As President Donald Trump’s impeachment trial unfolds, Courthouse News will be reaching out at the close of each day to prominent attorneys, scholars and other experts in the legal community for analysis on the historic proceedings. Joining us to break down the end of the White House’s opening arguments are Thomas Jipping, senior legal fellow at the Heritage Foundation and former chief counsel on the Senate Judiciary Committee; and Jennifer Taub, professor of Law at Vermont Law School.
WASHINGTON (CN) – After six days of opening arguments in President Donald Trump’s impeachment trial, senators are preparing to enter the phase of the trial where they will be able to ask questions submitted through Chief Justice John Roberts.
Thomas Jipping, the deputy director of the Edwin Meese III Center for Legal and Judicial Studies at the Heritage Foundation, has a question he would pose if he were in the chamber about what he says remains a weakness in the House case.
“The articles claim that this was soliciting interference in this election — that that’s why he did what he did,” Jipping told Courthouse News in an interview. “His critics said that often and people probably assume that, but there’s no evidence for it. When a prosecutor charges a specific intent crime, they have to prove intent. We all know what he did. He wasn’t impeached for that. The thing that transforms what he did into an impeachable offense is that corrupt motive. That’s what the impeachment articles say and senators ought to hold the House to their proof, and there isn’t any.”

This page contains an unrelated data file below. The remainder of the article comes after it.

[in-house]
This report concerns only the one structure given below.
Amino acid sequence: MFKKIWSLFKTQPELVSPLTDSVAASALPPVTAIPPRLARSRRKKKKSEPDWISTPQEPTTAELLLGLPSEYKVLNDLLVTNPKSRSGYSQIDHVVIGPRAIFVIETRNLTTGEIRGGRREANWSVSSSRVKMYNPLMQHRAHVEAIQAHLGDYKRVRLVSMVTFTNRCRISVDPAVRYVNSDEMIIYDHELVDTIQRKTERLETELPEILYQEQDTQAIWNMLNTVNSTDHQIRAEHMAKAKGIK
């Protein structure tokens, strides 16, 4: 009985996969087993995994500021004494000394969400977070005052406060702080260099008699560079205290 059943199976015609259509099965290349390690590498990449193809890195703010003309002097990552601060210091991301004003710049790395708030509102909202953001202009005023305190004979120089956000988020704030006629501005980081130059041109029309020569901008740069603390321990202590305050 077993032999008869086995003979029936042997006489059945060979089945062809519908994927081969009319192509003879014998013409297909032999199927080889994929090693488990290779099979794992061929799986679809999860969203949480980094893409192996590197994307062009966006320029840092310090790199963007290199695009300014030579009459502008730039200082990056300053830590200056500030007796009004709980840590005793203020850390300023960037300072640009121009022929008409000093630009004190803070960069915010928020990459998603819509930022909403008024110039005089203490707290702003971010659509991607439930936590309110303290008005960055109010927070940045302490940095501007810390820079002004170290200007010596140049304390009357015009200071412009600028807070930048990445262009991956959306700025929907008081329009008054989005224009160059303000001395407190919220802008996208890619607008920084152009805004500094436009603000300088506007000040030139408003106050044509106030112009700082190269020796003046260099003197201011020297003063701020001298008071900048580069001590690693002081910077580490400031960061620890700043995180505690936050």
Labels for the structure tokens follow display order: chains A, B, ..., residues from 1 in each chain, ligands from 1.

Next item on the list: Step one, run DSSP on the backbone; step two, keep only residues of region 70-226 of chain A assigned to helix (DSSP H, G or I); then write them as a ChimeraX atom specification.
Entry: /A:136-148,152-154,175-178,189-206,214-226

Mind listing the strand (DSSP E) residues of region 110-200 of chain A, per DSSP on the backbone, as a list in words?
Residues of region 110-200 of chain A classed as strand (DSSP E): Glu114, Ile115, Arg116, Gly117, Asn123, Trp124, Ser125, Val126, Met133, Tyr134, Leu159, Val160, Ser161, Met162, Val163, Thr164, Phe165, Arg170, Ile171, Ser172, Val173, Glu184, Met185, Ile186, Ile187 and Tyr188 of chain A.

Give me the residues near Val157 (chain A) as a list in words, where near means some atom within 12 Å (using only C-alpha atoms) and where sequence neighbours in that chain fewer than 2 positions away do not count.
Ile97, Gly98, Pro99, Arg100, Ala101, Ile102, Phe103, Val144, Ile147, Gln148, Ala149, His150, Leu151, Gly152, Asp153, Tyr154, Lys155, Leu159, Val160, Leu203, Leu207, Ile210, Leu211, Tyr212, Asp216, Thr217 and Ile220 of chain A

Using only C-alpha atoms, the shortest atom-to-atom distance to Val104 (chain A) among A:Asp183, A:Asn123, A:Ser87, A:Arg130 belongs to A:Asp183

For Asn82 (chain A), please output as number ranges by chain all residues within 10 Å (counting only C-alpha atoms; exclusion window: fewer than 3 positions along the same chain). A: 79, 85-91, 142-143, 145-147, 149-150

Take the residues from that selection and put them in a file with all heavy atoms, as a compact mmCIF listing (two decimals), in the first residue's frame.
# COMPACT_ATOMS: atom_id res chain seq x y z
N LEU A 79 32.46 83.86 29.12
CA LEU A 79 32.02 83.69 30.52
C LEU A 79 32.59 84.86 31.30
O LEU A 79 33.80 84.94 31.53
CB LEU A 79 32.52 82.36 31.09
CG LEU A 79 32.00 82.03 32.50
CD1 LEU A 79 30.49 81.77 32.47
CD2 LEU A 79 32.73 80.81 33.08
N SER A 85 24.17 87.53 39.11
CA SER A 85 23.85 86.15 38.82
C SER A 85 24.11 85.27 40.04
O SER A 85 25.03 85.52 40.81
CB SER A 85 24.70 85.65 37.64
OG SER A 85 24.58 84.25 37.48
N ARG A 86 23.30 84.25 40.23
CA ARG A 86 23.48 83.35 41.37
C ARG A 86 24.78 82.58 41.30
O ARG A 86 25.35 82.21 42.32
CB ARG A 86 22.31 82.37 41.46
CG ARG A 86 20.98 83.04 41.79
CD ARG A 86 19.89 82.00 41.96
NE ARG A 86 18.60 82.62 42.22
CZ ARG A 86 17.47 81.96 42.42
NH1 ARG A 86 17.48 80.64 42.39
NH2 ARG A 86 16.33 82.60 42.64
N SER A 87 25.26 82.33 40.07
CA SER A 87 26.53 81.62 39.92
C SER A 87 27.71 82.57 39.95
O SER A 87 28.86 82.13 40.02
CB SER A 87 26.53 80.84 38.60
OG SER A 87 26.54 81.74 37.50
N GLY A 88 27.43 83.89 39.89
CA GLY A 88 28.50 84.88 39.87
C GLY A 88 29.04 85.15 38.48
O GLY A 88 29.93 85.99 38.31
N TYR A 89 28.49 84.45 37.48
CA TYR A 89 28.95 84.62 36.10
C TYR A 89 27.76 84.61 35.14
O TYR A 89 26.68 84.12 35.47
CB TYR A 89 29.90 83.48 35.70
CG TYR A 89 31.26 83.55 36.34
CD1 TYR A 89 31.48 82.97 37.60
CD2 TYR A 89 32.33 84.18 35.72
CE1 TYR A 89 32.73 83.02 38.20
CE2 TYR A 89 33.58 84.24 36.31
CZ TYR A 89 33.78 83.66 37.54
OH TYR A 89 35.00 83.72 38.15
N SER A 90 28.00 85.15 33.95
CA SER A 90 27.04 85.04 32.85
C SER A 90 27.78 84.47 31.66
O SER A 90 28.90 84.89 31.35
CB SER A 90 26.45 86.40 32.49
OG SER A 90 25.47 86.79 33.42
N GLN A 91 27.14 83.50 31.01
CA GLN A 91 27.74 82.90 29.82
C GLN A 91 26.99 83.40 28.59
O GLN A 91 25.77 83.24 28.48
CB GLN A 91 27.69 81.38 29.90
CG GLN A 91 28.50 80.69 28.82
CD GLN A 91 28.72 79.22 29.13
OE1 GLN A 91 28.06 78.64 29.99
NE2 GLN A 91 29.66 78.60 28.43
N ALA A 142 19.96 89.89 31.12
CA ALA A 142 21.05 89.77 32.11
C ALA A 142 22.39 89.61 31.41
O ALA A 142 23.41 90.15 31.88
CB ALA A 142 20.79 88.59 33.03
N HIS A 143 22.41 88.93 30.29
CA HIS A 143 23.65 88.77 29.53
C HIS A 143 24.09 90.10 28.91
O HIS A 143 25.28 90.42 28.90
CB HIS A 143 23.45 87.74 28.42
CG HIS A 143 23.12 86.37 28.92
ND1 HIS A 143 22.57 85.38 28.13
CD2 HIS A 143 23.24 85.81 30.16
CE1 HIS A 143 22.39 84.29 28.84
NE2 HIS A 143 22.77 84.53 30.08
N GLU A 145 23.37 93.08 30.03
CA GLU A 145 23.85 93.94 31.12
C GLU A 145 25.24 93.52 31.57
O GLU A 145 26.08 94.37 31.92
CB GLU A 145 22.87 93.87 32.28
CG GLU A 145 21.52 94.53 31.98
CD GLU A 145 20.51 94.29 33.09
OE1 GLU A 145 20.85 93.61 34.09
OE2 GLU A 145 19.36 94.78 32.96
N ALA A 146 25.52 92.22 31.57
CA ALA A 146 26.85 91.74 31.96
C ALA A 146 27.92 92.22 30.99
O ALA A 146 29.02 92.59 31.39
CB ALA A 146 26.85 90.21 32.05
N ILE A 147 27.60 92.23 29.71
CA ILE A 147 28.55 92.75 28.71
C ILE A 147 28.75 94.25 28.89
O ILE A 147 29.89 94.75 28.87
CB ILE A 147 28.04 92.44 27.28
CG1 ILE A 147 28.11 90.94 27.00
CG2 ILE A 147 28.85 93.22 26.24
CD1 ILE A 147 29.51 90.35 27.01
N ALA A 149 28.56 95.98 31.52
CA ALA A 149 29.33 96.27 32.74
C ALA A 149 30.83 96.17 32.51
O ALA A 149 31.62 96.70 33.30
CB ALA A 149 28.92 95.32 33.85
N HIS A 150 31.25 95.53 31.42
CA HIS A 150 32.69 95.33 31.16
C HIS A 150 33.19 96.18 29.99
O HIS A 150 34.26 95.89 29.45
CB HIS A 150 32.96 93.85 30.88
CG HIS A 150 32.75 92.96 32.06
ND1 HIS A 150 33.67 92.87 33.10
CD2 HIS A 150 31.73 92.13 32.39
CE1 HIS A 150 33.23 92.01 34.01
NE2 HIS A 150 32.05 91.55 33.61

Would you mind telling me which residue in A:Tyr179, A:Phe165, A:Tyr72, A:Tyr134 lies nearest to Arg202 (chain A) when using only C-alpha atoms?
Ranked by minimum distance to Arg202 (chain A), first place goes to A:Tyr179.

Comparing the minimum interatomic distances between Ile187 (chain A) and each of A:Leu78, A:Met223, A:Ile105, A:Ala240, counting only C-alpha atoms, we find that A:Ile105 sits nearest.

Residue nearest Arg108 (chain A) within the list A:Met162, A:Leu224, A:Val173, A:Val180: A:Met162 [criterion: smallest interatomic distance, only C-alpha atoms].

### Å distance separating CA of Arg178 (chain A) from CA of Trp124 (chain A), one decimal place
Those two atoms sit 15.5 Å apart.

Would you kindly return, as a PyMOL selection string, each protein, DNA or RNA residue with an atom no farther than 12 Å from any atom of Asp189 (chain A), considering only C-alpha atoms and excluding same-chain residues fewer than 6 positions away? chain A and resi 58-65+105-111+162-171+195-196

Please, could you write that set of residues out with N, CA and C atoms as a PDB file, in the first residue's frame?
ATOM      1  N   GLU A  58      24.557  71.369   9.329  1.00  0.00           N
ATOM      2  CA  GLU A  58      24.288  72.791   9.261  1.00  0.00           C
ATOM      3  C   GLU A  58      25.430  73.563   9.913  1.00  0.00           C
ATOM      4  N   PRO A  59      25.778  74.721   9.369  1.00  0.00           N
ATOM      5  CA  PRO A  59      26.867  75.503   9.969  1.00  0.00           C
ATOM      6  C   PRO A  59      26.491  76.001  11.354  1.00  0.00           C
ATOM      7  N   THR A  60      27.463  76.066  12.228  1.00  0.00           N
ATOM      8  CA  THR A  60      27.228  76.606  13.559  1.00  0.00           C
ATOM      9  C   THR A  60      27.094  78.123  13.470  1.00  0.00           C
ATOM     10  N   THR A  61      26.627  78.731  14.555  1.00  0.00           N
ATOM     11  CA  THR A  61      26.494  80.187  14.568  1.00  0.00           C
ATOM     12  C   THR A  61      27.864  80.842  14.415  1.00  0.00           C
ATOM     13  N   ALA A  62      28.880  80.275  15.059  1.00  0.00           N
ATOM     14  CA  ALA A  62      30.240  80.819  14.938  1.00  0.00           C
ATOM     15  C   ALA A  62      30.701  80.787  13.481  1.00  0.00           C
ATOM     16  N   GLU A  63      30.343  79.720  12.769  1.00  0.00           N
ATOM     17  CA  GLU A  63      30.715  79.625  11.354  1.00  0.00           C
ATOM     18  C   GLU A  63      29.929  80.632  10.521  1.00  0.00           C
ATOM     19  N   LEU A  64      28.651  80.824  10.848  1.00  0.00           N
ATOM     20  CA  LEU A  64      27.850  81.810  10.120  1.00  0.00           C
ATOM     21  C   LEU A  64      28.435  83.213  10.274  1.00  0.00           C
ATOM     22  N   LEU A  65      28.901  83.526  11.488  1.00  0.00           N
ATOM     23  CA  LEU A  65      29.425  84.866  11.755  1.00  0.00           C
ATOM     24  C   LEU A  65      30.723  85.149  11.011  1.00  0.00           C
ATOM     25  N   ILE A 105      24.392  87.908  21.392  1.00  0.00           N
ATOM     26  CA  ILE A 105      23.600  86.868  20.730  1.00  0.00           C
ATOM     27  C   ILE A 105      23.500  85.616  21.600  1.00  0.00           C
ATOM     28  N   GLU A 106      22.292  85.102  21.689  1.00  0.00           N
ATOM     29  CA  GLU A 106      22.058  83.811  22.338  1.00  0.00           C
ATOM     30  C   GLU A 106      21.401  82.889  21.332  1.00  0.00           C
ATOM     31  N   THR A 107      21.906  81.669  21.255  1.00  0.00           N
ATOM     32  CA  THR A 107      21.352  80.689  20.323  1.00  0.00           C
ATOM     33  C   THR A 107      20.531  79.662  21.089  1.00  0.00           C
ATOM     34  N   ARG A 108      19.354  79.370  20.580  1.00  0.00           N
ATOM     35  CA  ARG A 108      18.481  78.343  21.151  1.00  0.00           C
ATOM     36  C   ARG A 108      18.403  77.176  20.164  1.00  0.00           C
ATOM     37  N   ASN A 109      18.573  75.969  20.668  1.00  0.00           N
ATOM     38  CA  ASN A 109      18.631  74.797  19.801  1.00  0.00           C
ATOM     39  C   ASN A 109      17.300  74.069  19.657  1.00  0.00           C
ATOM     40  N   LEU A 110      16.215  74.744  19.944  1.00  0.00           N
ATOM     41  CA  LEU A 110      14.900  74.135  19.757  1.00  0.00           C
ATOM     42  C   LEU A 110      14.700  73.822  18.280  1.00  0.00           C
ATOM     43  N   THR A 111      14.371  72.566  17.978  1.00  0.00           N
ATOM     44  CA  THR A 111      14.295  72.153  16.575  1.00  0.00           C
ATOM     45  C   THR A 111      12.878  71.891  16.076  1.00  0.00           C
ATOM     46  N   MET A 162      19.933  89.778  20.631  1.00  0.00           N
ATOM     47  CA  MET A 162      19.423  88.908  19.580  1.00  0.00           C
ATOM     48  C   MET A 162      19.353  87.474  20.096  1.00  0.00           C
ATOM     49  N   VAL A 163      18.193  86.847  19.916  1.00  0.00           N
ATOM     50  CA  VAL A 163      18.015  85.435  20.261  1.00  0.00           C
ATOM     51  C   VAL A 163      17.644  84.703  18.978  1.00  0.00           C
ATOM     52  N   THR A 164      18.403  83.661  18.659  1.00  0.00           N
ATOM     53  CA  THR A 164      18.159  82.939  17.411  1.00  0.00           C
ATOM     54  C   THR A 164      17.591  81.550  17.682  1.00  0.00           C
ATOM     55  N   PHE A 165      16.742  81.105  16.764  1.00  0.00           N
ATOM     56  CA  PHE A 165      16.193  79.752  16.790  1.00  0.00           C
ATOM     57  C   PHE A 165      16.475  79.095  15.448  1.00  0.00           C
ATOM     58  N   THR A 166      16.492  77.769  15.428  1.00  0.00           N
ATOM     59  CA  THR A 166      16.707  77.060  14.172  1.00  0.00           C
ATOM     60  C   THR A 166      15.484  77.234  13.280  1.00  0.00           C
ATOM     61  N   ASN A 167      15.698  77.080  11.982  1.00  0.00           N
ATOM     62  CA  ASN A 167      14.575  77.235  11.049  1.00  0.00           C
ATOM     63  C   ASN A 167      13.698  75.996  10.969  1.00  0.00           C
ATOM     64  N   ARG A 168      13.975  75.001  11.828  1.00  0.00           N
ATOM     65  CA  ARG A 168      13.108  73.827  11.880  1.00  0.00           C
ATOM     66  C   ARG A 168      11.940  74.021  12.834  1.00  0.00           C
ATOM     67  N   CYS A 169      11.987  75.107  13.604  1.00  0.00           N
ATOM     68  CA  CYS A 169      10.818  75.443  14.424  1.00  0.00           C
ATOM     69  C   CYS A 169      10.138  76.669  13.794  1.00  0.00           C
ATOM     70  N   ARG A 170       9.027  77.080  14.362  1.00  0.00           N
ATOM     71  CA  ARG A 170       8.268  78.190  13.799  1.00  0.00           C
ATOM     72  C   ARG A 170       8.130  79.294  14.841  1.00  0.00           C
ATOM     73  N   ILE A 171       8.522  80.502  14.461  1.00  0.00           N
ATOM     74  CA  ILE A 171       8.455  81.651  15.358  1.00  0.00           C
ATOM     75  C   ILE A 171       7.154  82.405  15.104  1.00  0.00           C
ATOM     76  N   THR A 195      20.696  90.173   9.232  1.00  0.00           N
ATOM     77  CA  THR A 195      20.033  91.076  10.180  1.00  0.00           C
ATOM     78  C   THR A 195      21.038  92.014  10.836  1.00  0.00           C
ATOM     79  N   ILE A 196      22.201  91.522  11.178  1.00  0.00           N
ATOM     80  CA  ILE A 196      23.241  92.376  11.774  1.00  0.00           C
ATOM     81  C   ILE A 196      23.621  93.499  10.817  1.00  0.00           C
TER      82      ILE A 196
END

Do you have any takeaways in particular from the Trump defense team’s presentation today?
JIPPING: I don’t think that the president’s team provided any new arguments necessarily, but I think they’ve done a pretty good job of bringing together either pieces of arguments or arguments that have been expressed in different ways in order to kind of in one piece respond to the articles of impeachment.
What comes to mind, for example, is the Office of Legal Counsel opinion, things like this that are part of the picture and help to bolster or to fill out the context for decisions and actions that the president took, although they’re not brand new arguments.
TAUB: My main reaction to today's proceedings was, thank goodness that's over. This final day of defense arguments ends what has been a shameful three-day display of cynical, sloppy, and dishonest lawyering.
In an unexpected gift to the House managers today, Jay Sekulow addressed John Bolton's forthcoming book. Sekulow said, "You cannot impeach a president on an unsourced allegation." A foolish move on his part, as this statement will be used by the House managers during the coming days’ Q&A period to emphasize why even the defense believes we must hear from Bolton under oath. Today, a Quinipiac poll reported that 75% of registered voters believe witnesses should testify.
Looking at the bigger picture, how do you think the Trump defense did across all three days of arguments?